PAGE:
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Ashgabat and the Silk Road

My first Sunday in Ashgabat, I went to Tolkuchka Bazaar and then rode around the city. It was an interesting experience, definitely worth spending a couple of hours there. The sprawling bazaar is just outside of town, and was designed to look like the Ahal pattern. Here's the Google Maps satellite view:
I caught a cab to the bazaar from the hotel, and was rather proud of myself for confirming both the destination and price in Russian. Tolkuchka? Da. Skolka? Tresat. Tresat (30 Monat). I had expected 20, but that 10 Monat is roughly a $2.80 USD difference for a 25 minute cab ride. Definitely not DC prices.

Tolkuchka Bazaar
Upon arrival at the bazaar, I was initially met by a wave of choking diesel exhaust. Getting out of the road and into the buildings, I saw row after row of silver jewelry safety pinned to blankets - was it for anti-theft or simply a convenient way to wrap things up at the end of the day? There were lots of the traditional, colorful, matronly headdresses and I finally saw the padding that goes under the headdress too. It looks like it would do a good job keeping their heads warm. I'd have taken some photos, but there are enough undercover police in the area to make you think twice about it. I thought they were pretty easy to spot: most of the shoppers are women, and then there are random guys just standing around not trying to sell you stuff. Seems like a give away.

Lunch was deep fried dough with spiced meat inside. Think empanada, but the size of a quesadilla. I got two, since everyone line ahead of me was getting 2-3 per person. I gave the cashier 20 and got back 18.40. So, they are 0.8 monat each: that's like 25 cents each? I had them again for lunch later in the week, they are called "prashka", I think.

The bazaar is divided into sections to make it a little more organized to find what you're looking for. The Ç section had the most traditional clothing/jewelry, while the F section had the carpets. I wasn't really looking for large carpet (we have enough already, from Morocco, Qatar, and Turkey), but I did want to get something representative. For only 20 & 30 Monats, I was able to get mouse-pad sized carpets with the most common Guls (tribal designs):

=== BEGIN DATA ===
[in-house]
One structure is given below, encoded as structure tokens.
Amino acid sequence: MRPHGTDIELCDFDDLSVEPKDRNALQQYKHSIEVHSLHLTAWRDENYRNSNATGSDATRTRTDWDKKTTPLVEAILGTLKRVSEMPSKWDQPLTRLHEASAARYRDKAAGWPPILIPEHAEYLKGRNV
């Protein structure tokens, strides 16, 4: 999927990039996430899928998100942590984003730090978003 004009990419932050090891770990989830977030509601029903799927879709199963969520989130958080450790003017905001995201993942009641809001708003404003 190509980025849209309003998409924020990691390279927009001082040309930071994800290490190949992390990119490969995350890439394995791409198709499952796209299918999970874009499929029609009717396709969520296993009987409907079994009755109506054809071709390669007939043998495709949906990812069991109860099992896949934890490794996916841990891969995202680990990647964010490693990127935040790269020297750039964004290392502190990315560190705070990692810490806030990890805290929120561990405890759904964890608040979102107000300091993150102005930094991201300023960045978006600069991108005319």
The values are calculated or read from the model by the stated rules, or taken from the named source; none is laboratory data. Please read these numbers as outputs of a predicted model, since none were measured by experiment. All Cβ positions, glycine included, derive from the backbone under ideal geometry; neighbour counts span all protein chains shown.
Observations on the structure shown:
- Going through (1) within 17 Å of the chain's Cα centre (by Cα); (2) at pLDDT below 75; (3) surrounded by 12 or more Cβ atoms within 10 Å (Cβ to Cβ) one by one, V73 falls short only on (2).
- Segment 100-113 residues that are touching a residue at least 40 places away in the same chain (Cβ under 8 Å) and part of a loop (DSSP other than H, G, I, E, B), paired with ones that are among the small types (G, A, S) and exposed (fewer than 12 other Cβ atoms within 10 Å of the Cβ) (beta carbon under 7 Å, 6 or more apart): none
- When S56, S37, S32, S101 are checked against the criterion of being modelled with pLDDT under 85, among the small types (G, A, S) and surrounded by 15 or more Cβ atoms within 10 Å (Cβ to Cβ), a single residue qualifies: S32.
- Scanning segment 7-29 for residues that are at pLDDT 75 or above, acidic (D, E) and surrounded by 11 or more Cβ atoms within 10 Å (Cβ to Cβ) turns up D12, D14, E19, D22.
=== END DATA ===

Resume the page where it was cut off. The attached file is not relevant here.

The Teke pattern

The Guls (tribal carpet designs) on the Turkmen flag (Left side, top to bottom),
in traditional order: Teke, Yomut, Saryk, Chowdur, and Arsary.
I tried to haggle both carpets for 40 Monat, but the vendor came back with calculator. 50. Yes, I know that's what 20+30 is. But that's still only $14. Hard to argue that down to $12.

I walked thru the housewares and home decor section (which has more shops than stalls), but everything started to look the same, so I decided to take a cab home. While there were plenty of cabs, many already had someone in them. I found an empty one for 40 back to the hotel. Yes, it cost more to get back, but that's probably because they know you're pretty much stuck otherwise: It's either that or walk through the Karakum desert. So I agreed to what I think is double the price of what it ought to be.


Windshield tour of Ashgabat
So, with all the police out, taking pictures while walking is a bit of a challenge. But when you have a driver who will slow down for you to get the shot before they see, it becomes a bit of a game. Here are my "drive-by" photos of the white marble and gold city of Ashgabat.

(photos to be uploaded soon)
-wedding palace
-thermometer spaceship


There was lots more to write about, so I hope you'll check out the links below.

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